Furthermore, selling a tentative deal to both communities in order to achieve positive results from two simultaneous referenda may prove difficult because the necessary groundwork to build trust has not been delivered. Successive peace processes have not been “inclusive”. Rather they have been leader-driven and excluded society, with little cooperation between the two communities. No meaningful confidence building measures have taken place and too much space has been left to the hardliners on both sides of the island to spread disinformation and carry out scaremongering.

The international community, namely the US and the EU, has an important role to play. At this crucial juncture, the negotiations would benefit from a big injection of Washington’s time and resources. Unfortunately, since President Trump took office, the US has reduced its role in the process. Still it is not too late for Washington to intervene at the last moment with a strong message of support. The EU has increased its activity on the island with many high-level visits and will also attend the Crans-Montana talks. If a settlement is reached, the EU may be called on to play a role in the implementation of the agreement. The EU’s experience in capacity building, security sector reform, early warning and crisis management should be beneficial for Cyprus. Moreover, based on its experience in other conflict areas such as the Western Balkans and Northern Ireland, the Union can support projects and operations to help reconcile communities and build sustainable peace.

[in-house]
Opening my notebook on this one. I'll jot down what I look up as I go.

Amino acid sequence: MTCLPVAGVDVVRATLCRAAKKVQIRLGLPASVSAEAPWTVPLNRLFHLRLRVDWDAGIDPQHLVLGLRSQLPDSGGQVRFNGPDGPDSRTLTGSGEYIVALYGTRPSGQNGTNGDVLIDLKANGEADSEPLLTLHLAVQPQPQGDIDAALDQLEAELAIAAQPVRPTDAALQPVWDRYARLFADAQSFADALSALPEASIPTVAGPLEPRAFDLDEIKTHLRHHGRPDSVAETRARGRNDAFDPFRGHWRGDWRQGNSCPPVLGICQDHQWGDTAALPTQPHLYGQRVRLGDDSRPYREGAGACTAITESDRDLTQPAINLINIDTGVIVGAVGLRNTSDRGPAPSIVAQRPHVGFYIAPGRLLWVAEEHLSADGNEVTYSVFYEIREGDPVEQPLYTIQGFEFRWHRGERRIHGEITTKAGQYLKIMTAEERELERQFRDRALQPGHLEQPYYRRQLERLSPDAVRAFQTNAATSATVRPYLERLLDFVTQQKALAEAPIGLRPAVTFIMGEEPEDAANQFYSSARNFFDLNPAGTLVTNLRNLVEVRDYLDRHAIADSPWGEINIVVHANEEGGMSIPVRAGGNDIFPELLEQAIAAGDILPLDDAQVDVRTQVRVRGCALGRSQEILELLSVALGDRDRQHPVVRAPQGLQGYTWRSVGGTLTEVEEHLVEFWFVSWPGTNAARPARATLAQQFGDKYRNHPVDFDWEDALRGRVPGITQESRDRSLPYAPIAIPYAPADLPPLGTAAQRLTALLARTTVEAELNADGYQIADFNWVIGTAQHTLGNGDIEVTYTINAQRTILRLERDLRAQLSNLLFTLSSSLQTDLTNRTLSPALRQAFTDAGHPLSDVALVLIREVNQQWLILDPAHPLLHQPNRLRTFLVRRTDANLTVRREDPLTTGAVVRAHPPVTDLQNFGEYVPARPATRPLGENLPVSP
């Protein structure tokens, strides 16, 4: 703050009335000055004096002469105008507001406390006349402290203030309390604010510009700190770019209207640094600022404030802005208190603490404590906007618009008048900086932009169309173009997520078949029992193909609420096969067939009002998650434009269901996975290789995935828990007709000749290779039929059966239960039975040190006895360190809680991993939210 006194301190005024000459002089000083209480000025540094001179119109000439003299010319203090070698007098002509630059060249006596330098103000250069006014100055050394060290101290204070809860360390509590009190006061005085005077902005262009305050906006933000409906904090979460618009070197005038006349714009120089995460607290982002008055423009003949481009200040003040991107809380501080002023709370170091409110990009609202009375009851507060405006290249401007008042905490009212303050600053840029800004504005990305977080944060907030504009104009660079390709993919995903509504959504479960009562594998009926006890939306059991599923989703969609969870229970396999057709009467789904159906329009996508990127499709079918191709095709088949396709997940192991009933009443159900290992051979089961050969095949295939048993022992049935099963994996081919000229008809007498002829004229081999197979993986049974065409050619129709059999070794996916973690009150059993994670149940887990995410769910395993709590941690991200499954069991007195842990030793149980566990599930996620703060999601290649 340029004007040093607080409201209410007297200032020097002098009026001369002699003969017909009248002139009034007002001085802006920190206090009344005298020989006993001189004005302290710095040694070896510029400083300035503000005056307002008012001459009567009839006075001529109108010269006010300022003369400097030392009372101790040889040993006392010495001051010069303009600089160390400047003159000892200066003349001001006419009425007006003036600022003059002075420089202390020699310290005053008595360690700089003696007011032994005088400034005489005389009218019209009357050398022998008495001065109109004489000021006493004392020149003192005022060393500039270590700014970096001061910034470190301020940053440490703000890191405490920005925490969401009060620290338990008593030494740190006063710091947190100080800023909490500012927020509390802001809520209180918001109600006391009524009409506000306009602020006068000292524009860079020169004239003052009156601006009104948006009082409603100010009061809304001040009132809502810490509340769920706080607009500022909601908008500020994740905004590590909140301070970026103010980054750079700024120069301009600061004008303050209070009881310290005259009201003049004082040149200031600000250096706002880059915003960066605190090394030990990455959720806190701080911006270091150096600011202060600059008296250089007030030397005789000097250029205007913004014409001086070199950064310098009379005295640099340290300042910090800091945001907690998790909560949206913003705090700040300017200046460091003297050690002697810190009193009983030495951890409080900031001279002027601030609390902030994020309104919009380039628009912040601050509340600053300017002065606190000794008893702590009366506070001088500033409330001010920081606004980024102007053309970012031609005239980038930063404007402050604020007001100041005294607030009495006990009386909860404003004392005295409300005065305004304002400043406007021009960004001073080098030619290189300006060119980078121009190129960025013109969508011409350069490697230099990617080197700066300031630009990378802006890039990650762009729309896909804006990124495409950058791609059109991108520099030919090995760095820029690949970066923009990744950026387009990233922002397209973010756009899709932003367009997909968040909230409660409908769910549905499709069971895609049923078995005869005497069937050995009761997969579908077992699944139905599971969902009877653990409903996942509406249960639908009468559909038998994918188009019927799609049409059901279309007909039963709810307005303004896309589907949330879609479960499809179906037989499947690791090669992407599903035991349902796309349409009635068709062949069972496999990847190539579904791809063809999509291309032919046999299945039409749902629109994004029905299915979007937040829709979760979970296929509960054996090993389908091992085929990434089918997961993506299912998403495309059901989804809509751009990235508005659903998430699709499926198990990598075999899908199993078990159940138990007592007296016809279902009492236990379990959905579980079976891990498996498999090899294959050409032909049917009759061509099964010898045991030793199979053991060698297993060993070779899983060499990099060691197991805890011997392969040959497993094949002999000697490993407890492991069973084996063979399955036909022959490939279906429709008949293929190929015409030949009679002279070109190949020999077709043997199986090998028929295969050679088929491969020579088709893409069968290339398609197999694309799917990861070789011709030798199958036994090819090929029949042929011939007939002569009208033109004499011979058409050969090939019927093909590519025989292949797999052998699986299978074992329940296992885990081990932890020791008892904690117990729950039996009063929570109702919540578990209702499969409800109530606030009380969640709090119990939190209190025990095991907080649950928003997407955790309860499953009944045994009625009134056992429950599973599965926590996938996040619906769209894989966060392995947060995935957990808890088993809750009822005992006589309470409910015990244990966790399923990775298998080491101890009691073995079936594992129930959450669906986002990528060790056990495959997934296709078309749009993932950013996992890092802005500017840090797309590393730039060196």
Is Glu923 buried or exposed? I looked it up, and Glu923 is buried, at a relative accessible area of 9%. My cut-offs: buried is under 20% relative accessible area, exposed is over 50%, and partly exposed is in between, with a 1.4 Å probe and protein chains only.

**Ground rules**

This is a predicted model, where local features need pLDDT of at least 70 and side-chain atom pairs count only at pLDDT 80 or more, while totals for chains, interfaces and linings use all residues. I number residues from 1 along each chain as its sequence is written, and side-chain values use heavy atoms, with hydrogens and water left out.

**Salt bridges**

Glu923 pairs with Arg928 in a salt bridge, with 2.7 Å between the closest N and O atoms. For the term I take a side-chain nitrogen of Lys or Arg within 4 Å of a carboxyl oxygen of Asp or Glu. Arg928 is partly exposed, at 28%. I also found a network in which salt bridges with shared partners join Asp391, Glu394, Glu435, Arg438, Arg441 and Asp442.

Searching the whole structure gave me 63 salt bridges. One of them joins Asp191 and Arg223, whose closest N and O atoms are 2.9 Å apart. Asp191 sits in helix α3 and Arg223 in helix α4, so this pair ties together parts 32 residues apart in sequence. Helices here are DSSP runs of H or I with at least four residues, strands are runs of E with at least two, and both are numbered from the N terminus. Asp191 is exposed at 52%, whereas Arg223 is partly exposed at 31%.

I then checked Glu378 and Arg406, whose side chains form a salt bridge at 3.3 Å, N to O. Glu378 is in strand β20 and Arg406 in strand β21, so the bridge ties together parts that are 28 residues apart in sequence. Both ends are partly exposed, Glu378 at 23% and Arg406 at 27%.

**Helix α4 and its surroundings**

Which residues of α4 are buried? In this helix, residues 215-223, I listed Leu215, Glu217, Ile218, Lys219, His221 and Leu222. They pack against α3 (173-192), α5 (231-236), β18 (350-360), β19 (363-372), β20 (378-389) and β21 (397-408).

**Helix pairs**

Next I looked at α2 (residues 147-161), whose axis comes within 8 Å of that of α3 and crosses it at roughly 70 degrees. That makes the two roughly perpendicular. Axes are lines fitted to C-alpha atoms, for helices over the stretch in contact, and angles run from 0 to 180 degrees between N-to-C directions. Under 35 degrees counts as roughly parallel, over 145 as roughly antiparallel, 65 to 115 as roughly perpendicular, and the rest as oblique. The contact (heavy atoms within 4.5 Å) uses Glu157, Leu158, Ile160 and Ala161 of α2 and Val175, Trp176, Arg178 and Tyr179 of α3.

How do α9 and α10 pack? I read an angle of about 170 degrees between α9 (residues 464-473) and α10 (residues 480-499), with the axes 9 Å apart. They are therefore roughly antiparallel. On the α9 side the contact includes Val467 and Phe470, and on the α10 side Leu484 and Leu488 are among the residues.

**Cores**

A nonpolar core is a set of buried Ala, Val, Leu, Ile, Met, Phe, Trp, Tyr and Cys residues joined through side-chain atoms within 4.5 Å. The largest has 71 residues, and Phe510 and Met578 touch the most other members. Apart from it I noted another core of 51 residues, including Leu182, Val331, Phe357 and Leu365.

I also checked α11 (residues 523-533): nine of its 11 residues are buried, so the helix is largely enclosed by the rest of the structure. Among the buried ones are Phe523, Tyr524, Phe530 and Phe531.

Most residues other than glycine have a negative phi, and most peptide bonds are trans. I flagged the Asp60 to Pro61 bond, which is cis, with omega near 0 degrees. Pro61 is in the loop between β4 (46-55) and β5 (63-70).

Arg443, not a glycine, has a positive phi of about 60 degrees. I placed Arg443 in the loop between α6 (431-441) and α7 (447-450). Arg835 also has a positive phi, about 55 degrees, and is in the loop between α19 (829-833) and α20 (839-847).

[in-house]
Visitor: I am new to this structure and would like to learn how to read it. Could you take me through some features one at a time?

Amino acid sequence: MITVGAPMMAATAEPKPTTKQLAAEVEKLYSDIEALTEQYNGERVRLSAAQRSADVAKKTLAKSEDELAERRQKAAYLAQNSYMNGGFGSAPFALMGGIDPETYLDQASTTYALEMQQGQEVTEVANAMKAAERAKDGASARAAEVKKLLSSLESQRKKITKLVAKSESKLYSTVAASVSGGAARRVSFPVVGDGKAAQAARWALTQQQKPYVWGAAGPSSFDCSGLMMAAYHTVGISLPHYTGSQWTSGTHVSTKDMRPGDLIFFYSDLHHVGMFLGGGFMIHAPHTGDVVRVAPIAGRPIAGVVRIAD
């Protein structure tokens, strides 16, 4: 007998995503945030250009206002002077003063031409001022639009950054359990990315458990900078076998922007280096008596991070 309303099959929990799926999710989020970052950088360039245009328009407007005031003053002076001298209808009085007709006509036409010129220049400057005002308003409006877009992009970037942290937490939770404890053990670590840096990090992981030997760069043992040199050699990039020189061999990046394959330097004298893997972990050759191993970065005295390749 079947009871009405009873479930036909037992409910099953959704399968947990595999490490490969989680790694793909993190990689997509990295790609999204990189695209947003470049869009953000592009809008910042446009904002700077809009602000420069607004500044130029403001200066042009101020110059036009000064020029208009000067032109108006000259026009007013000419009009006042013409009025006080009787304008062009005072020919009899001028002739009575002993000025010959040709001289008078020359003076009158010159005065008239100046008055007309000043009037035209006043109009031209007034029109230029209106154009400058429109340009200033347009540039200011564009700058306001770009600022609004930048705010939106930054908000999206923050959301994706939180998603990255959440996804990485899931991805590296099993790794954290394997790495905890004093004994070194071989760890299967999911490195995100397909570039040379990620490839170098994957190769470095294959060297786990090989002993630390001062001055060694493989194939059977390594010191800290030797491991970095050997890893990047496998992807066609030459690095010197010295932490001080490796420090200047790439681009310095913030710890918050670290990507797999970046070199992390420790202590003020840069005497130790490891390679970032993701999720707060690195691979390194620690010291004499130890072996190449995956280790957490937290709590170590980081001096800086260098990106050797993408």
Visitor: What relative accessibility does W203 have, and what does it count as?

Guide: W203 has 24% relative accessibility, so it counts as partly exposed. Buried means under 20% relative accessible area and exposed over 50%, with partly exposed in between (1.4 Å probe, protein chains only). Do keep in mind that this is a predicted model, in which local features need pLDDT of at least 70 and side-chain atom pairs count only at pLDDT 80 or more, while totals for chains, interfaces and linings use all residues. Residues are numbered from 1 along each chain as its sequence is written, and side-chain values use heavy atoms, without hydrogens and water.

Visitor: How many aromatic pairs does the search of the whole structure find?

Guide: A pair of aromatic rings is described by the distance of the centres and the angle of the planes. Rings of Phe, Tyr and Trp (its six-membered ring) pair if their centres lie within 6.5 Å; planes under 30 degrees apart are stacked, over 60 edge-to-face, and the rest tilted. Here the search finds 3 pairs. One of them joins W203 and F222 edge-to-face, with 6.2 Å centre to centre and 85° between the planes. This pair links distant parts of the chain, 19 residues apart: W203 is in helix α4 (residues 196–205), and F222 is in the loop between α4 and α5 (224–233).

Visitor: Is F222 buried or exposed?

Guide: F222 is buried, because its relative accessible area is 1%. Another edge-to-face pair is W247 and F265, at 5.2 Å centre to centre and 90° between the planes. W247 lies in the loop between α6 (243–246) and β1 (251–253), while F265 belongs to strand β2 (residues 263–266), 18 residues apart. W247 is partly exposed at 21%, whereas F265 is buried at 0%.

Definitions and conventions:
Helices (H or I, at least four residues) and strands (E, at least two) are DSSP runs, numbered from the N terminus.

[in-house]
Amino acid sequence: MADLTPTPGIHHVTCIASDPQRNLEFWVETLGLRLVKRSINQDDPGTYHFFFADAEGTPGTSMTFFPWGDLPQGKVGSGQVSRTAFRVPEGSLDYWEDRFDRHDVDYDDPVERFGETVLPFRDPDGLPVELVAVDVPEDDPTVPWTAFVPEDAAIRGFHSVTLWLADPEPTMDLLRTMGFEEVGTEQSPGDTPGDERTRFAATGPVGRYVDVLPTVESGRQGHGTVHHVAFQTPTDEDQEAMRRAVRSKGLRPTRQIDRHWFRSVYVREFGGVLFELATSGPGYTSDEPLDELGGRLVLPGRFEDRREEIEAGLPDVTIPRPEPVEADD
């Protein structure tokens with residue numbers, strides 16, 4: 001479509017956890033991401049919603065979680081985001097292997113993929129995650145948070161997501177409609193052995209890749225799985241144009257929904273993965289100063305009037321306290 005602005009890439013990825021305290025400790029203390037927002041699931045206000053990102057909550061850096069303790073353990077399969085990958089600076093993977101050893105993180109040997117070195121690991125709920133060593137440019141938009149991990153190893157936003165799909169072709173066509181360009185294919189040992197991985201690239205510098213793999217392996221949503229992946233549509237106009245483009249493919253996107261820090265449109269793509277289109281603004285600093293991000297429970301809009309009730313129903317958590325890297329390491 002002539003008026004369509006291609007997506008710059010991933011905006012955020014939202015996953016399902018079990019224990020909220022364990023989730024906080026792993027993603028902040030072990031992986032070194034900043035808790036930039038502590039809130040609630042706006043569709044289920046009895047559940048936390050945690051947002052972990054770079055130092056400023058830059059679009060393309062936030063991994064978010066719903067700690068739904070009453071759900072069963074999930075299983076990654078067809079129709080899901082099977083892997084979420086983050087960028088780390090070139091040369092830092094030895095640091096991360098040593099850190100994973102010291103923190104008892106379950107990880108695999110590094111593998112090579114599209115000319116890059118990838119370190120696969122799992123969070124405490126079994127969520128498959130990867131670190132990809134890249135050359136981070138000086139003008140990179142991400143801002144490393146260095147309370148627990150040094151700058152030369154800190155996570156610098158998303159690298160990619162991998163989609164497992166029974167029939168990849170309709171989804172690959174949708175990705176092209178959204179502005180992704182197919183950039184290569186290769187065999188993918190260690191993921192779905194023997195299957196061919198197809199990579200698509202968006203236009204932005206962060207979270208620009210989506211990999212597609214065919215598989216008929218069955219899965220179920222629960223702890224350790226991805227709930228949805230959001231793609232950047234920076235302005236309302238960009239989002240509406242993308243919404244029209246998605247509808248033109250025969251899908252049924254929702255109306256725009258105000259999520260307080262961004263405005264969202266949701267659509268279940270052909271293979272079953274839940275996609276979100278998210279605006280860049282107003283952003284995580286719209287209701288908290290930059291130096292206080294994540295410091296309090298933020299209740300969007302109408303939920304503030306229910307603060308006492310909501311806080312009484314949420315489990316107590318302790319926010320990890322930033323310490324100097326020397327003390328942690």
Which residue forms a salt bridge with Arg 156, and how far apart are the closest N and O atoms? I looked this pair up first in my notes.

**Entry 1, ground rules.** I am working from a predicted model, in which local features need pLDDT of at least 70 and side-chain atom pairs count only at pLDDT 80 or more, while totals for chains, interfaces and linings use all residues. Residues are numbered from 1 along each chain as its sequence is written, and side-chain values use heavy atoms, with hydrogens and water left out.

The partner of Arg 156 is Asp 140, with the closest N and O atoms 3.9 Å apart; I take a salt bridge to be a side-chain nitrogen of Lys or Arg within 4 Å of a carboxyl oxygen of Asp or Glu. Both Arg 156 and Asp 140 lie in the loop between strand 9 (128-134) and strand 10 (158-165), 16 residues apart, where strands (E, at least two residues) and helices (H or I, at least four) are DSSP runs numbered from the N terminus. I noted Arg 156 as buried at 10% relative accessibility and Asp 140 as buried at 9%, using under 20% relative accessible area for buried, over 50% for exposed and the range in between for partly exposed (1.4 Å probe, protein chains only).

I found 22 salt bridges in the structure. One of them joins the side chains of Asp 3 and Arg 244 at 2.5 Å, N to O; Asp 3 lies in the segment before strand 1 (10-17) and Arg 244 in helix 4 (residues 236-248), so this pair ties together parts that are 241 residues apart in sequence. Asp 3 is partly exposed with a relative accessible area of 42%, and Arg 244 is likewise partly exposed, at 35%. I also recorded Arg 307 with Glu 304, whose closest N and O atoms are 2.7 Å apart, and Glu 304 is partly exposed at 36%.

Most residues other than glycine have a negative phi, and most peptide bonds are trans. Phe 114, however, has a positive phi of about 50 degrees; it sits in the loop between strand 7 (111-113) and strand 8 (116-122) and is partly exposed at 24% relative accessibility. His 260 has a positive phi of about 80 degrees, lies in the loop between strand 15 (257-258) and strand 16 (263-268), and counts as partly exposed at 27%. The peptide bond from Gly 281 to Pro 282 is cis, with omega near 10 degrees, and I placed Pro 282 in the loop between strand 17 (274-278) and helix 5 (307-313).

The stage is set for big and enduring decisions. Finding an agreement will not be easy, but if there is sufficient political will and a genuine readiness for compromise it is not impossible. Yet, if the two leaders fail to reach an agreement or at least make significant progress; another conference in the foreseeable future is unlikely, if ever. The window of opportunity is going to close, all sides will blame each other and serious questions will be asked over what should happen next. For example, what rational grounds would there be to argue that the Cyprus problem can be solved in the future almost certainly under less favourable conditions? Cyprus risks entering alien territory with unknown consequences for the island and the wider region.

Amanda Paul is Senior Policy Analyst at the European Policy Centre (EPC).

Disclaimer: The views expressed in this Commentary are the sole responsibility of the author.